On the Sovereign Violence of Women

27 Feb

Miep:

Beautifully put.

Originally posted on Jane Clare Jones:

Ahmned quote2

Sara Ahmed, The Cultural Politics of Emotion

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Judith Butler, The Future of Sexual Difference

I am trying to understand – I have been trying to understand – how, having steeped ourselves in a similar tradition, we could come to such different conclusions.

It is claimed that certain women should not say certain things. That a woman who finds healing from male violence in the company of other women should be silent about the power of that healing. That she should not try to protect that space (or even raise questions about protecting that space). That she is wrong to be concerned that it will no longer be there for the women who come after her. Because that healing comes at the expense of others. Because that healing, therefore, is violence.

I understand something of the logic. I have spent my life thinking the resistance to sovereign violence, unpicking the way…

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“New law offers protection to abused Native American women”

26 Feb

Originally posted on Anti-Porn Feminists:

Lise Brunner_White Earth Ojibwe Nation

In the “U.S.” last year, Congress approved a law — promoted by the Obama administration — that for the first time will allow Indian tribes to prosecute certain crimes of male violence committed by non-Indians in Indian country. The Justice Department on Thursday announced it had chosen three tribes for a pilot project to assert the new authority.

While the law has been praised by tribal leaders, native women and the administration as a significant first step, it still falls short of protecting all Indian women from the epidemic of violence they face on tribal lands.

The new authority, which will not go into effect for most of the country’s 566 federally recognized Indian tribes until March 2015, covers domestic violence committed by non-Indian husbands and boyfriends, but it does not cover sexual assault or rape committed by non-Indians who are “strangers” to their victims. It also does not extend…

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Replicating patterns of disbelief

23 Feb

Miep:

Excellent.

Originally posted on Feminists Unknown's Blog:

When I think of being young I think of being scared. I was scared all the time. I remember lying in bed, listening out for sounds, or watching for faces to change and if one face in particular changed, it wouldn’t change back, not soon enough.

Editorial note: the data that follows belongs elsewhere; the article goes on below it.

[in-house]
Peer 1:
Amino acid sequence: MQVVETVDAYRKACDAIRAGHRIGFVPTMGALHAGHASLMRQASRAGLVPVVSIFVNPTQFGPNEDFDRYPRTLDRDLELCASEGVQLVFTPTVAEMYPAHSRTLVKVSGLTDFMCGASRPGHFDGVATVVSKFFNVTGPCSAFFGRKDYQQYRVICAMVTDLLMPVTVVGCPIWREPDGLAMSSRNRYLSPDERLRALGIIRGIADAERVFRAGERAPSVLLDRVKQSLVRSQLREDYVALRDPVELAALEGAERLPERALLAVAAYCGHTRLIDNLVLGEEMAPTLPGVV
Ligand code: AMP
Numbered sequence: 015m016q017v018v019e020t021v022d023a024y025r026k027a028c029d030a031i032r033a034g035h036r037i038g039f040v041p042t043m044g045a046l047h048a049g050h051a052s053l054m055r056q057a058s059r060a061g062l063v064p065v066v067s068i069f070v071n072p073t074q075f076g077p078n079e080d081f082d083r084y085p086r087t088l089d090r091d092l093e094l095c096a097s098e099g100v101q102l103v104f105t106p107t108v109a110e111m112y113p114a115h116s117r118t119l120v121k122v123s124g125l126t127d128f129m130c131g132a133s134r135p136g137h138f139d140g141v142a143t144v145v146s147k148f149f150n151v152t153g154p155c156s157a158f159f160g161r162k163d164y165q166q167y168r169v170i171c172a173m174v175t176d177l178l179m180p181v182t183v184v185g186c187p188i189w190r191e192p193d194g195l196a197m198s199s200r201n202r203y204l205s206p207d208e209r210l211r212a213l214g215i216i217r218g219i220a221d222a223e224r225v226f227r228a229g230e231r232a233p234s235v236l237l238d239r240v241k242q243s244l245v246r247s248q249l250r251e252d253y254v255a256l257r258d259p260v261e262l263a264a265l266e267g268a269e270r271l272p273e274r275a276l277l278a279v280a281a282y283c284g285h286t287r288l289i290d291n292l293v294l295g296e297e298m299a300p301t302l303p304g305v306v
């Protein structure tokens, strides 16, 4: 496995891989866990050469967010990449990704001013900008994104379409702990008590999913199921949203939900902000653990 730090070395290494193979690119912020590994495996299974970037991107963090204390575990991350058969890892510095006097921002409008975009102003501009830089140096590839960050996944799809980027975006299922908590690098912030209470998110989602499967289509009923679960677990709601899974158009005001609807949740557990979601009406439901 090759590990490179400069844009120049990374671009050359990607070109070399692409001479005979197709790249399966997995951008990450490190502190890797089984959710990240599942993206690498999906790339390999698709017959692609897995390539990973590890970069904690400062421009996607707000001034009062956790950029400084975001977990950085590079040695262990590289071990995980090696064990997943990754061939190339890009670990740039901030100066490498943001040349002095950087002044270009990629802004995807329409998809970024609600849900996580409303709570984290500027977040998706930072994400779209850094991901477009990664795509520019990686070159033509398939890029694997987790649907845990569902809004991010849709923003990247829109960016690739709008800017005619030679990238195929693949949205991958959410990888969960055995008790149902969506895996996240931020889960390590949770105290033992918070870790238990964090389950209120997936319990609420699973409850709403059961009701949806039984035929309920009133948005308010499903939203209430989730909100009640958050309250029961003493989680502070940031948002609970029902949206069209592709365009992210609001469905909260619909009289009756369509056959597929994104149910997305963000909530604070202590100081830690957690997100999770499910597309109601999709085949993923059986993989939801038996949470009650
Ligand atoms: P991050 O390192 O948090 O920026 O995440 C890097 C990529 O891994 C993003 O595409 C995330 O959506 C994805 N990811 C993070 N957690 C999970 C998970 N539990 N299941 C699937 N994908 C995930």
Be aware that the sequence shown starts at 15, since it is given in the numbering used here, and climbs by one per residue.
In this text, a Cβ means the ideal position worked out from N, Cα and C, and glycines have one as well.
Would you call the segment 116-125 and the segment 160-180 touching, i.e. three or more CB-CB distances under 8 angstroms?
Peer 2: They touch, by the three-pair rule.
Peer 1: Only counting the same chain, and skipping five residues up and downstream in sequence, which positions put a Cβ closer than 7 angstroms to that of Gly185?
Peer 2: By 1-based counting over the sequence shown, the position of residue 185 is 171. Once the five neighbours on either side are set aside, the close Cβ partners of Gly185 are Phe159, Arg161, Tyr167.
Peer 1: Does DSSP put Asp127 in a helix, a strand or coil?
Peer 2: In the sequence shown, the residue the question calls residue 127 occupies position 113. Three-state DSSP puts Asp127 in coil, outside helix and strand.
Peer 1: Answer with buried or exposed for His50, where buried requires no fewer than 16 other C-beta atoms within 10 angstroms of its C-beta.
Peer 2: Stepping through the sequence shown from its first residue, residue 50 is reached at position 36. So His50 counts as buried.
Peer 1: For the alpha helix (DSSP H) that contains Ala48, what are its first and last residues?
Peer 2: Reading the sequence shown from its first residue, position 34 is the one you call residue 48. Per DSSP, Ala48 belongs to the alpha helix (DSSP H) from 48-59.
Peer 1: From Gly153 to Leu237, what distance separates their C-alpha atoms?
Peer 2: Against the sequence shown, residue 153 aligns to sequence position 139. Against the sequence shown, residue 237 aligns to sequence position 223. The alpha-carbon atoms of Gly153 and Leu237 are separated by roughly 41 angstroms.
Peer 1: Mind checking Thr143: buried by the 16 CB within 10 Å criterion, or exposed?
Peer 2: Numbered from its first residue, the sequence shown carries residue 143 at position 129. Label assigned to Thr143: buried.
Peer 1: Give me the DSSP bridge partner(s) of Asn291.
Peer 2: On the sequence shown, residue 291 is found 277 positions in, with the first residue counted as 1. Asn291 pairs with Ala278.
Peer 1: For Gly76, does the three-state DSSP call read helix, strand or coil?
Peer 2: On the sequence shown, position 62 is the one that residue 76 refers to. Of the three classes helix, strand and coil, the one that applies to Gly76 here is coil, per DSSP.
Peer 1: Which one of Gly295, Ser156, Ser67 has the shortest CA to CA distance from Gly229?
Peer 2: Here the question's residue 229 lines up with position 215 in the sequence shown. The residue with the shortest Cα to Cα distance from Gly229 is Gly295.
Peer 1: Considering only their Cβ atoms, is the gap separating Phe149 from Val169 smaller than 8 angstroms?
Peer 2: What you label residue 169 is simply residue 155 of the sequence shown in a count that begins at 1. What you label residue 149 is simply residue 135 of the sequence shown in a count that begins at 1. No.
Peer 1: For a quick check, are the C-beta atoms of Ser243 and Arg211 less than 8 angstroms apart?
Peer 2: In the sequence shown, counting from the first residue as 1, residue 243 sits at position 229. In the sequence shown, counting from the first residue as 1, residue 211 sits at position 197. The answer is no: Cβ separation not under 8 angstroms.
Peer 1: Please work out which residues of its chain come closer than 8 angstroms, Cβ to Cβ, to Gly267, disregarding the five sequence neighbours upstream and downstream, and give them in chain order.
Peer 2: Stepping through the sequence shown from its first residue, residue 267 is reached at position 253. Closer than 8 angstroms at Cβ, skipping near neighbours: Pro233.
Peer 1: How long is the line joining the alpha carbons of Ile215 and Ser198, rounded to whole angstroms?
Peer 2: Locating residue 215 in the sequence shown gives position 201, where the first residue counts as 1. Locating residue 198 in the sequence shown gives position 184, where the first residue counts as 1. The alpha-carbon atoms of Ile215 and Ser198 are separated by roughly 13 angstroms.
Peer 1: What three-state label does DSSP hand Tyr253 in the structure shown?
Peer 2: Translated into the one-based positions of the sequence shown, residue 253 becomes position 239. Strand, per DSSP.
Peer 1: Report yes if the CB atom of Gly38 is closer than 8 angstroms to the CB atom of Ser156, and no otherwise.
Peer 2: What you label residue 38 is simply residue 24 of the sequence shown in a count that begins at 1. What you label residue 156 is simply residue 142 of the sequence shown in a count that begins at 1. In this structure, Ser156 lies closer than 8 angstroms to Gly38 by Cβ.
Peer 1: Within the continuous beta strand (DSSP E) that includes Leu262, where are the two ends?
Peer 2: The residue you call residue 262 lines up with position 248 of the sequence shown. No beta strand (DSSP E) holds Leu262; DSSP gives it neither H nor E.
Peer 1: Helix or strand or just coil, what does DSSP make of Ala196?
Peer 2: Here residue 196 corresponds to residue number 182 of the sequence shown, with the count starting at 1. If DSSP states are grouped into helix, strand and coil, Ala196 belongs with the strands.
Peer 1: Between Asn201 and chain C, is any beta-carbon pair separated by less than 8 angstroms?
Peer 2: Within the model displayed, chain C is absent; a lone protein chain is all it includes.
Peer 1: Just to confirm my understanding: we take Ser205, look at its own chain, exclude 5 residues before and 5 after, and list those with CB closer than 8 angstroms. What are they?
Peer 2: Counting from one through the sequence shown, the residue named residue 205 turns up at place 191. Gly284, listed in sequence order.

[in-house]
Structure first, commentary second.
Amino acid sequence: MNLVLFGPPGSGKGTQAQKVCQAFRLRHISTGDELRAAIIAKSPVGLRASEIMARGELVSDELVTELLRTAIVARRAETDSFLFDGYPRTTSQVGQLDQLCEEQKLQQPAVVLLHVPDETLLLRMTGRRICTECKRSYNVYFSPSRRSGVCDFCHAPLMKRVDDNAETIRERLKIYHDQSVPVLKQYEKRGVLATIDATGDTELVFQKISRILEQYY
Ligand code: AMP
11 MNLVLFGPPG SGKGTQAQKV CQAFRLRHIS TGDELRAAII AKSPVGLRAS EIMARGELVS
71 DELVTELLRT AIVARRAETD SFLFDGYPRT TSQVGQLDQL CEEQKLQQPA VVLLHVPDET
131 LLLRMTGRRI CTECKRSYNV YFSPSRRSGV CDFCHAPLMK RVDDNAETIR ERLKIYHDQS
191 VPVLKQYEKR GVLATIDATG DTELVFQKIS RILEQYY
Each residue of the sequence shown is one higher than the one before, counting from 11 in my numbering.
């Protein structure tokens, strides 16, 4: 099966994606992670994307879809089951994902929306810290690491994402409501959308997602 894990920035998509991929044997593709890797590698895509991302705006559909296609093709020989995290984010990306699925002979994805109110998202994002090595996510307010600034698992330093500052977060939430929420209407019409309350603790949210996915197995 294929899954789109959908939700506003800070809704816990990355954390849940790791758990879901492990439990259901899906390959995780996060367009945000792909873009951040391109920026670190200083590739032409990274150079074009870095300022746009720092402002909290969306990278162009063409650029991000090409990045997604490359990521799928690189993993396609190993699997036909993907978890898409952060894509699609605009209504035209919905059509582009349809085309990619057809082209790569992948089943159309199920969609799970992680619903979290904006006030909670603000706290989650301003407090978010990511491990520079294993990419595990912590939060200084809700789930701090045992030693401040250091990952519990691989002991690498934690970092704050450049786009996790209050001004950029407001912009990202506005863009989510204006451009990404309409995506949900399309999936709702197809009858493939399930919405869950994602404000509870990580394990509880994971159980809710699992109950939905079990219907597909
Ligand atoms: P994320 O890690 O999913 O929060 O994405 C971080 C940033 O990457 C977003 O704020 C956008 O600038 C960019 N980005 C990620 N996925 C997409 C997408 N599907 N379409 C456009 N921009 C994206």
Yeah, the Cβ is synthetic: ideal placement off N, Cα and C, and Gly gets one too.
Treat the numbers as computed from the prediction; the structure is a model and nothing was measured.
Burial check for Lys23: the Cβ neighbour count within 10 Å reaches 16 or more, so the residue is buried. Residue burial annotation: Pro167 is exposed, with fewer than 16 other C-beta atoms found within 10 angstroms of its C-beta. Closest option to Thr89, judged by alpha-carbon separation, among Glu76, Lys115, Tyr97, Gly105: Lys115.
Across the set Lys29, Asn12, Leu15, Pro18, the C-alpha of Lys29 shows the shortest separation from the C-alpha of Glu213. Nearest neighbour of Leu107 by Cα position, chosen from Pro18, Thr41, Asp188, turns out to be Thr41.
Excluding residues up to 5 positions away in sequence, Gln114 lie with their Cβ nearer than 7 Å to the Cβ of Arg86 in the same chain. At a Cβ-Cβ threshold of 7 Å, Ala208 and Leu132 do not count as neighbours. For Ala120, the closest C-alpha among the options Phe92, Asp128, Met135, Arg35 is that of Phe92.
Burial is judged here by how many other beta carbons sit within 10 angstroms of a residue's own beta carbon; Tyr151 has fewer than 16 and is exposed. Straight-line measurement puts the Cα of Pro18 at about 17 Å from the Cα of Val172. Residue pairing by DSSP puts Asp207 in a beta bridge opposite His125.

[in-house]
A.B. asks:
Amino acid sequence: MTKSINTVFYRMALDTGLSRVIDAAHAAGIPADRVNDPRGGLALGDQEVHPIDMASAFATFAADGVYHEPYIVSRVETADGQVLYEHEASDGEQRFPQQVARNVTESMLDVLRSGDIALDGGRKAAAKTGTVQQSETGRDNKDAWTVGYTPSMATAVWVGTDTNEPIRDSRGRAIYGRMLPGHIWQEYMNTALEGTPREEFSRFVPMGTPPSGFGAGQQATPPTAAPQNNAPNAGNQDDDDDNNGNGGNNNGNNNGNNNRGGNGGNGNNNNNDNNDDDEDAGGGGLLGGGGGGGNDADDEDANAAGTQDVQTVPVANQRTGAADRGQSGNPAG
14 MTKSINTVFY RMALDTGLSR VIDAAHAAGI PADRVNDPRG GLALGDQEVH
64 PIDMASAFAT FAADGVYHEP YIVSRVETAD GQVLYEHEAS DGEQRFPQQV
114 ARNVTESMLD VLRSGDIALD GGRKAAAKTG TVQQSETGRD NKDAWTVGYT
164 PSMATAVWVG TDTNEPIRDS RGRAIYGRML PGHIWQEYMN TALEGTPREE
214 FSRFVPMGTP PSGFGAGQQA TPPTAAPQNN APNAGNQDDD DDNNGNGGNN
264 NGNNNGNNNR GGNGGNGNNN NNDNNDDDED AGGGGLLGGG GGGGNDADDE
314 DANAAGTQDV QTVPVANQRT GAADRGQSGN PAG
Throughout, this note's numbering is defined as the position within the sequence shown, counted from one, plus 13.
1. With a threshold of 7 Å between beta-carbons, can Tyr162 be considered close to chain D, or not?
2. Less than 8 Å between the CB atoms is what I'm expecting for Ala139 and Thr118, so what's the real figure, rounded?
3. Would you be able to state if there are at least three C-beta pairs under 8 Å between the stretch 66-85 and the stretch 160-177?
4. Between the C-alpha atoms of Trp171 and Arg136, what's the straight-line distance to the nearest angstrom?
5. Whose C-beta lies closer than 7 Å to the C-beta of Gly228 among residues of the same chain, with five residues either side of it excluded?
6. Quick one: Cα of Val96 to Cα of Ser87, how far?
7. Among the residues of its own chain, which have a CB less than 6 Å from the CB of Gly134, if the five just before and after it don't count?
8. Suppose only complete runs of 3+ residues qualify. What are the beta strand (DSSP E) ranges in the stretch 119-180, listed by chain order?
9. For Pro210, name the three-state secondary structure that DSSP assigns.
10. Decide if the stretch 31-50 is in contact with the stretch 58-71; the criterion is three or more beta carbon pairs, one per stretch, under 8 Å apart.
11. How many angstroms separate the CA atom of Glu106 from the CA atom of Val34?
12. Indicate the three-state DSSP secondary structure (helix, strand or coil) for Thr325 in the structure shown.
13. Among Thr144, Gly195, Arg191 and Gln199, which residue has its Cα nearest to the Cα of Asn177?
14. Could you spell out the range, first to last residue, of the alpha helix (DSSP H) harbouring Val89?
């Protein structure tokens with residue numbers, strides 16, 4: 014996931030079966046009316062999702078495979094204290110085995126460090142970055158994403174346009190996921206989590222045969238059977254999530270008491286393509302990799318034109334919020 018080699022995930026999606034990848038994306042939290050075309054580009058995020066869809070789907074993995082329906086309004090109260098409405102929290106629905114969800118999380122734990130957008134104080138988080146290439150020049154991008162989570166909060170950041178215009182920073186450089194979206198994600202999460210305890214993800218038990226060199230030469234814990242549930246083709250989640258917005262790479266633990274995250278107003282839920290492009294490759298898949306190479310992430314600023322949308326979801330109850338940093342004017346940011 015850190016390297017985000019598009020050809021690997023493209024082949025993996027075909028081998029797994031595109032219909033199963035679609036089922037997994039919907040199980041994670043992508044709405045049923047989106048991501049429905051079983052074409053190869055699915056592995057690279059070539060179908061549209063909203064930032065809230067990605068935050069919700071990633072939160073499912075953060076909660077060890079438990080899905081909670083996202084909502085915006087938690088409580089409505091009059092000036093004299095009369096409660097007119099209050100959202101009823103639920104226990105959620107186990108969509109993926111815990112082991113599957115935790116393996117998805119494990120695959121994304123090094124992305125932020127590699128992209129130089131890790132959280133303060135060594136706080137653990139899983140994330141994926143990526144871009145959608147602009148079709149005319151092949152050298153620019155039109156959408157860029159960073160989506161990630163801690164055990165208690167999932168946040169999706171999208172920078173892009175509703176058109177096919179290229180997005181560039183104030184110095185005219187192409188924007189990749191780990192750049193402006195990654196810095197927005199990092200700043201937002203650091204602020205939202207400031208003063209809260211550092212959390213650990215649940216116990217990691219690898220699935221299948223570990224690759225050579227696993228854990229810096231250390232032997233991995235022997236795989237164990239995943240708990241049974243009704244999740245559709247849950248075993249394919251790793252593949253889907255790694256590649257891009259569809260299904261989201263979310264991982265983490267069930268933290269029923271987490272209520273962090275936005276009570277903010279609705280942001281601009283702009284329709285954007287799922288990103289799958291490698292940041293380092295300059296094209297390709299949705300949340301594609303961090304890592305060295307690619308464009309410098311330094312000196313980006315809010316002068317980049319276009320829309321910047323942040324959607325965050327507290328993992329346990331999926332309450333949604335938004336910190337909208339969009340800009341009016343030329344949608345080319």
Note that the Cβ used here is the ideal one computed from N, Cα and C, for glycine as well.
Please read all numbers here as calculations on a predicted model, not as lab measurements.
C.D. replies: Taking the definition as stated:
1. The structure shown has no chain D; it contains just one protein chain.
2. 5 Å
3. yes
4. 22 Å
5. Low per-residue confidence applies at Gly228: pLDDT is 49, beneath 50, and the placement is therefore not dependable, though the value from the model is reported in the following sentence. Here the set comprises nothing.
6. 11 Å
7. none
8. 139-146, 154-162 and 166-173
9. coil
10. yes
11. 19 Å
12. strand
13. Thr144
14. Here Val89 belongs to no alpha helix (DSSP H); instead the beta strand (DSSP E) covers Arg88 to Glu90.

I used to blame my brother. I thought that if he didn’t get hit, I wouldn’t get hit. I thought he caused it all. Then I blamed my mother. I thought that if only she’d let my brother get hit enough for all the hitting to be “done,” it would end and none of it would spill over onto me.

I never blamed the person who did the hitting, obviously. You just don’t. When it comes to blame it has to be women and children first.

When I had a breakdown in my teens I tried to speak about what was wrong. Unfortunately, people…

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How Quickly It Happens

19 Feb

Originally posted on Transgender Reality:

Remember being a teenager?  A crush you’d had for a week felt like it had lasted forever and probably meant you should marry the person, the new political idea you had was the one true belief, and so on.  In teenage world, emotions run high and obsessions develop quickly.  Watch what happens:

transkid1

In this post from two months ago, a gay teenage boy talks about his high school ex-boyfriend who now has a girlfriend.

That’s pretty tough stuff for a high schooler to deal with–and it only gets tougher when the ex starts kissing his female best friend in front of him, a little less than a month ago:

transkid2

“I’ll never have that with him,” he thinks.  He’s sad–who wouldn’t be?

But then comes the next phase–just five days later, this child, who previously has referred to himself only as a guy or a male, says this:

transkid3

Now, he’s…

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QotD: ‘Fuck50Shades’

17 Feb

“Hello, no!”

13 Feb

There Will Be Blood

11 Feb

Originally posted on Pray for Calamity:

“He said that men believe the blood of the slain to be of no consequence but that the wolf knows better. He said that the wolf is a being of great order and that it knows what men do not: that there is no order in this world save that which death has put there.”
― Cormac McCarthy, The Crossing

In Theodore Kacynski’s manifesto, “Industrial Society and Its Future,” he lays out many premises concerning the existence of man in relation to technology and technological societies. One of these premises is that modern people in technological societies are afraid of death because they have never lived. They have not used their bodies, minds, and souls to their full potential, and thus even in old age, feel like they are yet to begin. Kacynski writes about the primitive man who in his sixties, having seen the successful life of his child…

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